I can see why some faculty might figure “the more information, the better,” but it’s asking the student to go to a non-trivial amount of trouble and expense to provide me with information that I don’t value that highly.
The equity problem loads less on the capability metrics (grades and GRE), and more on the metrics of motivation. Motivation is crucial because it could easily happen that, although you enjoyed cognitive psychology as an undergraduate, you’ll later find that doing it for 50 hours per week doesn’t float your boat. No one benefits if you spend a year or two discovering that you’re sorry you came, so when I look at applications, I want evidence that the person knows what they are getting into.
Research experience is the main way to show that, because that’s what you’ll be doing when you get to grad school.
And wealth helps you gain research experience. Wealthy kids can take an unpaid research assistant position for a summer or during the school year. Wealthy kids attend colleges where faculty have elaborate labs and are given time outside the classroom to mentor students in research. In addition, wealthy kids are still cashing in on their rich high school experiences; coming in with a lot of AP credits, they can get to upper level courses that call for research earlier in their college careers.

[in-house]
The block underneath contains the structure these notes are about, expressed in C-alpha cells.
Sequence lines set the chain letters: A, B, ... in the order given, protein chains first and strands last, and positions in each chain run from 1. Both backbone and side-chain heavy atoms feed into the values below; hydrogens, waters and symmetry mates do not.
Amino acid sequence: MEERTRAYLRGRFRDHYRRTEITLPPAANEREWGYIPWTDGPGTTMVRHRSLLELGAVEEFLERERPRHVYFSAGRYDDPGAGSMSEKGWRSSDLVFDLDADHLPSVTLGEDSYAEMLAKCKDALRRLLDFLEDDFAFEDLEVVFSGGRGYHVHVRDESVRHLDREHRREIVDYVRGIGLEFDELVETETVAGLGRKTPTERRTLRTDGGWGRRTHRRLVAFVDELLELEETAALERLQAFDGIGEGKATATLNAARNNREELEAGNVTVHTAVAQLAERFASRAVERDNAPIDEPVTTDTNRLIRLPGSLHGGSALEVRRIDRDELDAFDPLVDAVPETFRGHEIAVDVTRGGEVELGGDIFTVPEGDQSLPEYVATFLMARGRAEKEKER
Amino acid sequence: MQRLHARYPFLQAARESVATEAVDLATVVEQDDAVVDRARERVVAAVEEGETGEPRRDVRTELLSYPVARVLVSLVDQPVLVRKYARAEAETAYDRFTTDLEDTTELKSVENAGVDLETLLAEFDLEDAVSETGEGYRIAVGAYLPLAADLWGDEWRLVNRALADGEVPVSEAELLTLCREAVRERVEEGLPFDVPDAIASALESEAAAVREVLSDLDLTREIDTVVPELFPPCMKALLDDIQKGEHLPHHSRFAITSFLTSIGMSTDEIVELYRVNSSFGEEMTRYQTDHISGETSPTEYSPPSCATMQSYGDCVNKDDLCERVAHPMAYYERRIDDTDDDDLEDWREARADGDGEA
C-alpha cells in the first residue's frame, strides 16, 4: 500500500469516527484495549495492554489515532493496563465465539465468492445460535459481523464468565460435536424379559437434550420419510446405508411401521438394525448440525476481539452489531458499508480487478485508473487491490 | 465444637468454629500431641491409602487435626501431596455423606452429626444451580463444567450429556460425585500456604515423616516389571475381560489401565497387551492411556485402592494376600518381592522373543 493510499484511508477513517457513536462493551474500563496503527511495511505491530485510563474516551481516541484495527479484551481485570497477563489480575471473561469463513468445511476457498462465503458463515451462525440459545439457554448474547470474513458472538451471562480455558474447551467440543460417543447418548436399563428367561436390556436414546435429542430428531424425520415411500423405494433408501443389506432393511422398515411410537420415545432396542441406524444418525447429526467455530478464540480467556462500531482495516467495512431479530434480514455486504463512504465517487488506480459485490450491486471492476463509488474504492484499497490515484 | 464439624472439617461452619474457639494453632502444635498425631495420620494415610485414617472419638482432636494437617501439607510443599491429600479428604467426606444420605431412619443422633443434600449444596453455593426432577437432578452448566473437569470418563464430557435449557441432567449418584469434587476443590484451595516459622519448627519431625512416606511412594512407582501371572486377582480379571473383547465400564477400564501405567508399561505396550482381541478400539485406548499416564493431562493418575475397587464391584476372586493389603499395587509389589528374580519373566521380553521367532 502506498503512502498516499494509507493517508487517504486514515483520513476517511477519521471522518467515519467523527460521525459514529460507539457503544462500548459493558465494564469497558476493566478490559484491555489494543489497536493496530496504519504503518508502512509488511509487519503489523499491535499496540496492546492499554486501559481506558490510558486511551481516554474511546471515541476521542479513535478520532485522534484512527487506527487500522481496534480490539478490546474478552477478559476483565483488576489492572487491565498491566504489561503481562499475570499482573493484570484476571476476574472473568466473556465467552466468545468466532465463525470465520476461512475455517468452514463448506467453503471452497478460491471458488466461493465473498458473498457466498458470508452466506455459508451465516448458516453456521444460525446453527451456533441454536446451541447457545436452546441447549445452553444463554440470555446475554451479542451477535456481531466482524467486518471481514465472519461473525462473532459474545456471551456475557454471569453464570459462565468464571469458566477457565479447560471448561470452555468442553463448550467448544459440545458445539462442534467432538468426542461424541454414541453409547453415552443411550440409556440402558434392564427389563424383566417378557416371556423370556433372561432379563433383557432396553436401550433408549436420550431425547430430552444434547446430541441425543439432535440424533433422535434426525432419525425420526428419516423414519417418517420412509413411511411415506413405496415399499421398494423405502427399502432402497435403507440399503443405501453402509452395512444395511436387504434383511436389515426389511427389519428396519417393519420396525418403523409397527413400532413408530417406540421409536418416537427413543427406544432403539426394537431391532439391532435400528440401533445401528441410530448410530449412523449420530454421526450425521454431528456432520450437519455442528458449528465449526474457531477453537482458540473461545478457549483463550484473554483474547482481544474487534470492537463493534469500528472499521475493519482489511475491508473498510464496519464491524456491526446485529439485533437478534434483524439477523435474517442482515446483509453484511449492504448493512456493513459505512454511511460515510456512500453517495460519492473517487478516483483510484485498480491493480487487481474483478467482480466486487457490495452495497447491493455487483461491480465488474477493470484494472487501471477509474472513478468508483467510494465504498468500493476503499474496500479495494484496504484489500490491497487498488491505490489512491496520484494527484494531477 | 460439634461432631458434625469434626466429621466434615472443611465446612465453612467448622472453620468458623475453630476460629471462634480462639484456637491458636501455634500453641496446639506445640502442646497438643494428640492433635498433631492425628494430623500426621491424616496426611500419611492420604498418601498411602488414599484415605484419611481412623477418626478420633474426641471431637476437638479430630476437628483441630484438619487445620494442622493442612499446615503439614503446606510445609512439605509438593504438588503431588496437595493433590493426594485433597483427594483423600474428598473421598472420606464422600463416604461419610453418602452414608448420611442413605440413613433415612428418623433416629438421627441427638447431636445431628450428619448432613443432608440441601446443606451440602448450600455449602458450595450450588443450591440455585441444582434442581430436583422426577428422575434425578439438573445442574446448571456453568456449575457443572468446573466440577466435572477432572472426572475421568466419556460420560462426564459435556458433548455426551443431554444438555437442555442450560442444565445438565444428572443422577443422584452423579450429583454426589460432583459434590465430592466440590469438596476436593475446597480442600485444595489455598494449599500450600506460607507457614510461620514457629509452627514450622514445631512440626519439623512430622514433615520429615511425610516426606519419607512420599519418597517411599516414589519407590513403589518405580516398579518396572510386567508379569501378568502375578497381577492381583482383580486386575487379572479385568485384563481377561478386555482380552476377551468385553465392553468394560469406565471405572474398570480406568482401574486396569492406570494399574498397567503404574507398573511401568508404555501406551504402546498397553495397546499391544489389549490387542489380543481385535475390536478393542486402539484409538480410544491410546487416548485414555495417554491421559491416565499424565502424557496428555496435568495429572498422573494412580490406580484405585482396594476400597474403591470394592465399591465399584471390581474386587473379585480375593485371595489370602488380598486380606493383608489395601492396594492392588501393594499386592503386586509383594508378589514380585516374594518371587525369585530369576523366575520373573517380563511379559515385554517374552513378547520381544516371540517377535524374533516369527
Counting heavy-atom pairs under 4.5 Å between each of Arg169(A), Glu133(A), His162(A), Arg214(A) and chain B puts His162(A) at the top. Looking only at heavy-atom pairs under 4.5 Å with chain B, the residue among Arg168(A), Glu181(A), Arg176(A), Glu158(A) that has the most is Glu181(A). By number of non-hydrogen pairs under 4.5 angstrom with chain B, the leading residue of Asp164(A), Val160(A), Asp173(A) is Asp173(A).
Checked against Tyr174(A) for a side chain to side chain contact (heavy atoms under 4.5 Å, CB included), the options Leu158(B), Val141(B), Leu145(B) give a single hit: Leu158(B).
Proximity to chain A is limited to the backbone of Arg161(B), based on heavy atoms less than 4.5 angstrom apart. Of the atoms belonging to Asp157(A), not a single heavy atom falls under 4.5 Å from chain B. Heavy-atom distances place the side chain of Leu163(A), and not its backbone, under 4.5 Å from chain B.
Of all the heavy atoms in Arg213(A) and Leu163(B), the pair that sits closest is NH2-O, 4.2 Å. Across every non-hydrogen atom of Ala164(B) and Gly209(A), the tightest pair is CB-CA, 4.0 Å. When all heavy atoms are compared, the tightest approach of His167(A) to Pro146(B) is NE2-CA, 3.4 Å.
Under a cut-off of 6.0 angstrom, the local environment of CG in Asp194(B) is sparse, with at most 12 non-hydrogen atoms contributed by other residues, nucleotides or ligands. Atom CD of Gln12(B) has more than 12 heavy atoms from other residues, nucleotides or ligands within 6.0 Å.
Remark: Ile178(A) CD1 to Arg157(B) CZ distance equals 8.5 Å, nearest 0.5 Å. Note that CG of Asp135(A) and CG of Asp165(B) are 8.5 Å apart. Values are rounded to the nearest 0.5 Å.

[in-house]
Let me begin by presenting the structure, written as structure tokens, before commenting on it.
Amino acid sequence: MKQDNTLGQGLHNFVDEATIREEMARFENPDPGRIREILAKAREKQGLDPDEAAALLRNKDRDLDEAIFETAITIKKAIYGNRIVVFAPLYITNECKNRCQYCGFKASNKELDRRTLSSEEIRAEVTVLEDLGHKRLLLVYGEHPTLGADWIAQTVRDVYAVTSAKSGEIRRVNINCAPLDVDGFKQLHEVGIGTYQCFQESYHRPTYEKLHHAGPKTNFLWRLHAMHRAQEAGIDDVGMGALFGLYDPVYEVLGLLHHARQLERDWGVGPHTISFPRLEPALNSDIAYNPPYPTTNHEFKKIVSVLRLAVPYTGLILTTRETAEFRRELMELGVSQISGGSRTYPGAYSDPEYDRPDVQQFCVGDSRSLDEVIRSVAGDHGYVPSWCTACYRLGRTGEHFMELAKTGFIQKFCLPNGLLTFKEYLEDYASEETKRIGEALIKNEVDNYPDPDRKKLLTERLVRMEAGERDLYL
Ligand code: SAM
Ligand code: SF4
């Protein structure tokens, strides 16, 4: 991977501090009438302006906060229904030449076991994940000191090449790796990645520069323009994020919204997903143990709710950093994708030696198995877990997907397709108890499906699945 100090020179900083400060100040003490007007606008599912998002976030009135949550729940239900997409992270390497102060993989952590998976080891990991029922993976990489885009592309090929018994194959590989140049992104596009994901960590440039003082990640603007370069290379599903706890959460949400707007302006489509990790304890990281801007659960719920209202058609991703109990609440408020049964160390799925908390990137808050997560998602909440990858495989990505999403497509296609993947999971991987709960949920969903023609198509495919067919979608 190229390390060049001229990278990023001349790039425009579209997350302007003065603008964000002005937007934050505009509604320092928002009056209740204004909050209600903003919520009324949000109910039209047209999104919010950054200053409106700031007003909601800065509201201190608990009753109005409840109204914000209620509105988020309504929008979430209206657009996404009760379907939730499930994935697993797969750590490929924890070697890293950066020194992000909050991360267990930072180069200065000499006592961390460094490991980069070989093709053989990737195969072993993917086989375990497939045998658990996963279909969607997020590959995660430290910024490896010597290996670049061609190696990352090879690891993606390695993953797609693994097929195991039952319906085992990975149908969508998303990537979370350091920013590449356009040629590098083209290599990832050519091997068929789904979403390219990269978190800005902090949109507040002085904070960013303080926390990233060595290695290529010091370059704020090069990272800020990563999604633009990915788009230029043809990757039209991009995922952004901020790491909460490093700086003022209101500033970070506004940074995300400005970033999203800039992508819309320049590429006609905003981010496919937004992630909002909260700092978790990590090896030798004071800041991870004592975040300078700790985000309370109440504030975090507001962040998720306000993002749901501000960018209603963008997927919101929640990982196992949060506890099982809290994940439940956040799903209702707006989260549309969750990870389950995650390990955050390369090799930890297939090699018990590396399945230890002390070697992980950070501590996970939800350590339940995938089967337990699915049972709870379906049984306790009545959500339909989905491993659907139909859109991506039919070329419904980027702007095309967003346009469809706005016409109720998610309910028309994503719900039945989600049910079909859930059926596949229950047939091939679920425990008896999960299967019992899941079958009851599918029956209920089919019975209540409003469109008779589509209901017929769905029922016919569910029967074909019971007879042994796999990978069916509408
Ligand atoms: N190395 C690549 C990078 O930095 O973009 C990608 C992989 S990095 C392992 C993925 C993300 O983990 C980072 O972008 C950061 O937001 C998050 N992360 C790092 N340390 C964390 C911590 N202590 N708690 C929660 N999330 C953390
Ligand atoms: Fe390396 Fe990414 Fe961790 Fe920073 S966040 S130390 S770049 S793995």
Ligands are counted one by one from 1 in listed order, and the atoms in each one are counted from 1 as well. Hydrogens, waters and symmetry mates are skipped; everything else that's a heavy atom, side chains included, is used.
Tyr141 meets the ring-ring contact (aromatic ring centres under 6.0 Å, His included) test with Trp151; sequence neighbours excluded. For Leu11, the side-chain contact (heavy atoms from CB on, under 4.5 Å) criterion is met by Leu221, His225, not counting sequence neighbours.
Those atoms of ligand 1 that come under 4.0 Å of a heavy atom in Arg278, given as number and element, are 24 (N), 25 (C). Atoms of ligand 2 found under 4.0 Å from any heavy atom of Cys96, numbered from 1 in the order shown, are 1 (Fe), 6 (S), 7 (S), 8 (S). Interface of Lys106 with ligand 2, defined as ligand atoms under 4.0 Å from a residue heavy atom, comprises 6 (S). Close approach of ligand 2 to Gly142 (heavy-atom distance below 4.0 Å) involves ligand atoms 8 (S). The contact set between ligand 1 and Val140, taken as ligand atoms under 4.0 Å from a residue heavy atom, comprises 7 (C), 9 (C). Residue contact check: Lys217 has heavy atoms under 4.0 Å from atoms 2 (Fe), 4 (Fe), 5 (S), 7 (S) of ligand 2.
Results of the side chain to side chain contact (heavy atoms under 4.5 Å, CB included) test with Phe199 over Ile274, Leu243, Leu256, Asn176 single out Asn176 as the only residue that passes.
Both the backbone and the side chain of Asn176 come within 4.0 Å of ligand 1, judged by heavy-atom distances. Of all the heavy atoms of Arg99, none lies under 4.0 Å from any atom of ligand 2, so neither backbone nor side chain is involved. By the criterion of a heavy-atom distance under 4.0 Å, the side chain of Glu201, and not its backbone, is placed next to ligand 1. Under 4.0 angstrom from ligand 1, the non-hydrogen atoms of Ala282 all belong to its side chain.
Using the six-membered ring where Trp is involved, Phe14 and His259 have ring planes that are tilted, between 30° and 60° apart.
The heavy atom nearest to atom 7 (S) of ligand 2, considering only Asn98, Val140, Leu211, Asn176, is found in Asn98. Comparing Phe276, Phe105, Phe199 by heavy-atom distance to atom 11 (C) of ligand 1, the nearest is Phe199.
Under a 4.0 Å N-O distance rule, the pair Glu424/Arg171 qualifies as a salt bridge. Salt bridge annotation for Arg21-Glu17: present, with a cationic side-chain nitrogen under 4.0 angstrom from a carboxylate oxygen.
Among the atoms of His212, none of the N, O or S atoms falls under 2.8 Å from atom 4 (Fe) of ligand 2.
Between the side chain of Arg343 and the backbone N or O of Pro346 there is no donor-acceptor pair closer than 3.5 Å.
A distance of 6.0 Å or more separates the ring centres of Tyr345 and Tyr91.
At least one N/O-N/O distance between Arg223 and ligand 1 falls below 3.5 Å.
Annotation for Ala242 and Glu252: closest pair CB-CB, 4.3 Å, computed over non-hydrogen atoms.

If the GRE won’t do much to identify untapped talent, what will?
It might help to measure motivation in a more situation-specific fashion. Doing research is great, but having done a project doesn’t reveal great motivation if you attend a school where a research project is required, or where participating is just a matter of signing up.
Other students might have less research experience, but have showed determination in making the most of what was available to them in light of the environment, and/or their other responsibilities.
In other words, we should be asking graduate candidates if they had special circumstances (work-related, health-related, and the like) that affected their undergraduate years. For example, when a student takes a course on structural equation modelling online, instead of wondering whether it was really comparable to an in-person course, we should credit the student for taking the initiative to take a course not offered at her school. If student A’s undergraduate research project seems somewhat unimaginative compared to that of student B, we might note that student B worked in a large lab that churns out many projects each year, whereas student A worked with a professor whose teaching responsibilities leave him little time to supervise student research, but the professor thought so highly of this particular student, he made an exception. And so on.
Standardized tests should always be interpreted in light of the purpose to which they are put. In the case of the GRE, I don’t think there’s a lot of value added, either in terms of helping us to identify great future psychologists, nor specifically in terms of ensuring that we’re not leaving talent on the table. But making changes to our evaluation of student motivation might improve our decision-making.